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How to operate a liver tumor you cannot see

: Oldhafer, K.J.; Stavrou, G.A.; Prause, G.; Peitgen, H.-O.; Lueth, T.C.; Weber, S.


Langenbeck's archives of surgery 394 (2009), Nr.3, S.489-494
ISSN: 1435-2443
ISSN: 1435-2451
Fraunhofer MEVIS ()
colorectal neoplasm; pathology; computer peripheral; human; liver neoplasm; secondary; surgery; ultrasonography; male; middle aged; optical device; risk assessment; stereotaxic technique; Computer-Assisted instrumentation; tomography; x-ray computed

Backround As recent chemotherapy regimens for metastatic colorectal cancer become more and more effective in a neoadjuvant setting before liver surgery, a "complete" clinical response is sometimes documented on imaging. Without operation though, metastatic recurrence is likely to commence within 12 months. Surgeons now face the problem to resect non-visualizable and non-palpable lesions.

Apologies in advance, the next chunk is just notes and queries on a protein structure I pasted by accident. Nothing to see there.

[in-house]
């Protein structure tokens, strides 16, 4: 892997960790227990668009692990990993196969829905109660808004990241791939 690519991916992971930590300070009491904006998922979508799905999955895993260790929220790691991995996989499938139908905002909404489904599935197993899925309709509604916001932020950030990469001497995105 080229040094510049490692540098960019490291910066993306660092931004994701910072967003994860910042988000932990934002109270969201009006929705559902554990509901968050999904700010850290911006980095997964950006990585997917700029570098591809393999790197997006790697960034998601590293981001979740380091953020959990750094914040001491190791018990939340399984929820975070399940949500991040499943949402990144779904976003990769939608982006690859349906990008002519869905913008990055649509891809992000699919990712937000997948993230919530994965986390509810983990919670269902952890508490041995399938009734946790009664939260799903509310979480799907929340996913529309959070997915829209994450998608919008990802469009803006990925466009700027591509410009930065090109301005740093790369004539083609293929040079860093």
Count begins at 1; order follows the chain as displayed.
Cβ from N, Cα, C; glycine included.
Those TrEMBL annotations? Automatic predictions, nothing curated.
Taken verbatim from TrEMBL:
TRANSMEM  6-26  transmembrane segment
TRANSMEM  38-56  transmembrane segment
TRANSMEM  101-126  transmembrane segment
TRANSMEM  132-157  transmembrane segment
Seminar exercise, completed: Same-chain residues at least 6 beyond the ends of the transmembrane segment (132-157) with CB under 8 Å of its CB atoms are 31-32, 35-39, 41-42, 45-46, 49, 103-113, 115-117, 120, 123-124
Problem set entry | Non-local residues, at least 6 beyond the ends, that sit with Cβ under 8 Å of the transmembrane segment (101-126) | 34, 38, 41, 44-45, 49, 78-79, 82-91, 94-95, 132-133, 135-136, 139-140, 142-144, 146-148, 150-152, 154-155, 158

Methods Computer-based virtual surgery planning can be used to fuse pre- and postchemotherapy computed tomography data to develop an operative strategy. This information is then intraoperatively transferred to the liver surface using an image-guided stereotactically navigated ultrasound dissector. This enables the surgeon to perform a resection that is otherwise not possible.
Results During operation, detection of the lesion through palpation or ultrasound was impossible. After registering the virtual operation plan into the navigation system, the planned resection was performed without problems. Histopathologic workup showed vital tumor cells in the specimen.
Conclusion The new image-guided stereotactic navigation technique combined with virtual surgery planning can solve the surgeon's dilemma and yield a successful operation.